It is that time of the year again when school districts, universities and colleges across the U.S. start seeing an influx of students from across the country and abroad. After one pandemic-disrupted year behind us, it is surely a sight for sore eyes and a welcome indication of restoring normalcy. So as professors prepare their curriculums and students walk through the university halls, it is a great reminder for construction professionals to spring back into action.
The classrooms of tomorrow
Across the U.S., learning institutions are in the process to upgrade and re-equip their buildings to accommodate the advent of hybrid learning models that were forced by the pandemic. Many of these colleges and universities are trying to craft the best learning experience for their students and devise a roadmap to scale their future vision. As in its essence, higher education construction is about attracting students and creating an environment that is conducive for learning.
For the construction industry, higher education is slowly emerging as a vital segment that is flourishing across all parts of the U.S. But for the learning institutions, investing in a large, complex capital program or a small renovation of existing facilities is not only about the physical space but also about attracting the next generation of students. So the more advanced a campus is, the more competitive and successful the institute will be, as compared to its counterparts. And now in a post-COVID world of construction, building design will need to acquire more technologies that make students and their parents feel more comfortable about being in a physical classroom again.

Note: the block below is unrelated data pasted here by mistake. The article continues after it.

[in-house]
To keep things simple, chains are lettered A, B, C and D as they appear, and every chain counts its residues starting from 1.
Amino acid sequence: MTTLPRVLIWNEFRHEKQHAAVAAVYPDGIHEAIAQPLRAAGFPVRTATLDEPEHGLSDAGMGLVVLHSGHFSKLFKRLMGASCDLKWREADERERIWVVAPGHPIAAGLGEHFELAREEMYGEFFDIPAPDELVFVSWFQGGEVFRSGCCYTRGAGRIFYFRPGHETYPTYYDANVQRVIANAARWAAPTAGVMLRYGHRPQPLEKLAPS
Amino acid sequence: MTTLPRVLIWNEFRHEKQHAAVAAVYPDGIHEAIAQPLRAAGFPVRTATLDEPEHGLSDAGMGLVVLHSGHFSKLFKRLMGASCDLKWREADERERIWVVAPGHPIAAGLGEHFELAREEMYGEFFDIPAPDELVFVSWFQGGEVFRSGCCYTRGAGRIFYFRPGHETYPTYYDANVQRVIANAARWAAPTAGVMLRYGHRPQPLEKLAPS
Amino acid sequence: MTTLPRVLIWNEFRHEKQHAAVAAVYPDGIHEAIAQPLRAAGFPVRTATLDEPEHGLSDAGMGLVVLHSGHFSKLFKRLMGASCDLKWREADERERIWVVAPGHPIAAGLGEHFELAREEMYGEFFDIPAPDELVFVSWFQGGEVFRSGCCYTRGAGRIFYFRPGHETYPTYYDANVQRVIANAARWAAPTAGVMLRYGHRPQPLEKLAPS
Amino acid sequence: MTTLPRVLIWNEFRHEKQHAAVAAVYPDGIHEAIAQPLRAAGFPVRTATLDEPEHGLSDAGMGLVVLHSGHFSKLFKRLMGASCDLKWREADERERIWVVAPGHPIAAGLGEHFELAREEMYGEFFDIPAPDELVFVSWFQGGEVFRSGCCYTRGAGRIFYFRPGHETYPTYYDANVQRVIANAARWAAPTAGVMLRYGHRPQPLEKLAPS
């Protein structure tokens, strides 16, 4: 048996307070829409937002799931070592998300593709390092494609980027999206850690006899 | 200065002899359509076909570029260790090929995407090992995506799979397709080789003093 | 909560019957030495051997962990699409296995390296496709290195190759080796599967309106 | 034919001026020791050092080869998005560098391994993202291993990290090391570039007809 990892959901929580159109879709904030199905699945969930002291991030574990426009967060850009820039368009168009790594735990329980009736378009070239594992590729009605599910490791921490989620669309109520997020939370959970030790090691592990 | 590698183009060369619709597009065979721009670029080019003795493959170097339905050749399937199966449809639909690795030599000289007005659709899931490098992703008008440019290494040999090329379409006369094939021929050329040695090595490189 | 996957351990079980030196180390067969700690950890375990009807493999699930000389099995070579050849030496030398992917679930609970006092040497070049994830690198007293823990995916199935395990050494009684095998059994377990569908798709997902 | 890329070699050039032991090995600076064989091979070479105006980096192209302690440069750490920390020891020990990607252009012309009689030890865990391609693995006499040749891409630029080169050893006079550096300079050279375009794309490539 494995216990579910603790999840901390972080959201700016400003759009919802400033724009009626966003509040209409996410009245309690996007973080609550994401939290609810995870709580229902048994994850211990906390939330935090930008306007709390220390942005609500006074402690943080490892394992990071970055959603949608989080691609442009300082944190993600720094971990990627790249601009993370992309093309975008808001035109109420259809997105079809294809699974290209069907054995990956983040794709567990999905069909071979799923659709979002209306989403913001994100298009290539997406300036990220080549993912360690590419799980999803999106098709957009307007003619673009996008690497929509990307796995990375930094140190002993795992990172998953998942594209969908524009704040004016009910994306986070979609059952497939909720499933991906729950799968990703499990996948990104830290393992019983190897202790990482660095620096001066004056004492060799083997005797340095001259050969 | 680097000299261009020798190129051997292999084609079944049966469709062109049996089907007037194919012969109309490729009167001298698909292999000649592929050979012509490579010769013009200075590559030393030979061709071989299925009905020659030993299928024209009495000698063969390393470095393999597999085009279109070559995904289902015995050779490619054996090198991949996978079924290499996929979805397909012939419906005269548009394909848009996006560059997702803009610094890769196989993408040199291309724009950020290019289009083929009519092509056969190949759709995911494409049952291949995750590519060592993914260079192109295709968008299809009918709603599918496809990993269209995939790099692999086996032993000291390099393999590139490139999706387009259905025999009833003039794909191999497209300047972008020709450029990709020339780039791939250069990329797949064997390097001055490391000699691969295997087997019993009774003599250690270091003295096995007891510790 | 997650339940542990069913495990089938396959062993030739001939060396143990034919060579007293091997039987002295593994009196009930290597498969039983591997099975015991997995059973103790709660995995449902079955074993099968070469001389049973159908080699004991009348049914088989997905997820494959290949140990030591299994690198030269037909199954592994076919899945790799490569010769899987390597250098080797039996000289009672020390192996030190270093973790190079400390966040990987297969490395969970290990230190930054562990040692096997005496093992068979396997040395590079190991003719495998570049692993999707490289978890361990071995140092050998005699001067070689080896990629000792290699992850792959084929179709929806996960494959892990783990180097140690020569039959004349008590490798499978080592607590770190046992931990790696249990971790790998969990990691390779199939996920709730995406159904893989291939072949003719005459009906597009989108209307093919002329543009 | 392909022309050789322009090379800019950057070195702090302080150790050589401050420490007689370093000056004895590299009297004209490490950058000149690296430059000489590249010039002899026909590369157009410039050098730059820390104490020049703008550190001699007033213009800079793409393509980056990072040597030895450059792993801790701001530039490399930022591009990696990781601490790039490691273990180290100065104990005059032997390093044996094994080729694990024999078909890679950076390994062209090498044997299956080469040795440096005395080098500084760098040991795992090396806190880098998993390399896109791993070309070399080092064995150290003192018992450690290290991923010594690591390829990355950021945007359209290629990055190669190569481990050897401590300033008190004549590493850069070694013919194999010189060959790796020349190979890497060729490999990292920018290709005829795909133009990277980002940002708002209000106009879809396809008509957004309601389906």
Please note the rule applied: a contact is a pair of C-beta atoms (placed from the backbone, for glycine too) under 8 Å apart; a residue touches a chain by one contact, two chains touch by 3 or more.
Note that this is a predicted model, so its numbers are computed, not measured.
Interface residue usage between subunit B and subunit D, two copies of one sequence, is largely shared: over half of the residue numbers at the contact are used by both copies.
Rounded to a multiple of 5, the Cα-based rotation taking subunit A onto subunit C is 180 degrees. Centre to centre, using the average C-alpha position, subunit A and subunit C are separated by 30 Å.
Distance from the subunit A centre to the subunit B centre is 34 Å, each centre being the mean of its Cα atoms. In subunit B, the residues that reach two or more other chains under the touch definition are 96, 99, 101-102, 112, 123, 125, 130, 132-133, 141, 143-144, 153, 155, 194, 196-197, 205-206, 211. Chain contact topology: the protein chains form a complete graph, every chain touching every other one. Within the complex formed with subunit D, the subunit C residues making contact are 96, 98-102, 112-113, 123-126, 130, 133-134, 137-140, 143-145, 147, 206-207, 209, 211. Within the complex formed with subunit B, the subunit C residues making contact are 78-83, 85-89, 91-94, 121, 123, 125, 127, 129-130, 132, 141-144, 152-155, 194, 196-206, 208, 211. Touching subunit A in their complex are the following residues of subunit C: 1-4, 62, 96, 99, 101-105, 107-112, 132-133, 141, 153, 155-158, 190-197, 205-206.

So here is a look at the technologies that are reshaping higher education construction.
• Advanced HVAC systems
When returning to in-person learning, air circulation and smarter HVAC controls have topped the priority list of educators, parents and students alike. Construction contractors, building solution providers, and design teams in mechanical, electrical and plumbing have been trying to develop new methods to provide cleaner air. Planning for upgrades or retrofitting existing systems with the recommended MERV-13 filters need to be taken into account when designing the project.
Construction firms can also look at leveraging connected technologies to increase the fresh air access in their HVAC systems like real-time temperature monitoring and control, upgraded filtration, bipolar ionization, and UV treatment. Incorporating these strategies can help in improving the health and wellness of students and educators.
• Connected Network Infrastructure
Even in a pre-COVID-19 environment, educational institutions had already begun to invest heavily in innovation and technology upgrades for a more high-tech, high-touch learning. Most universities and colleges around the globe have already shifted to online learning platforms. As more institutions get ready to reopen their campuses in this admission season, they are expected to continue their hybrid online-offline curriculum, which in some cases will help position them for long-term success.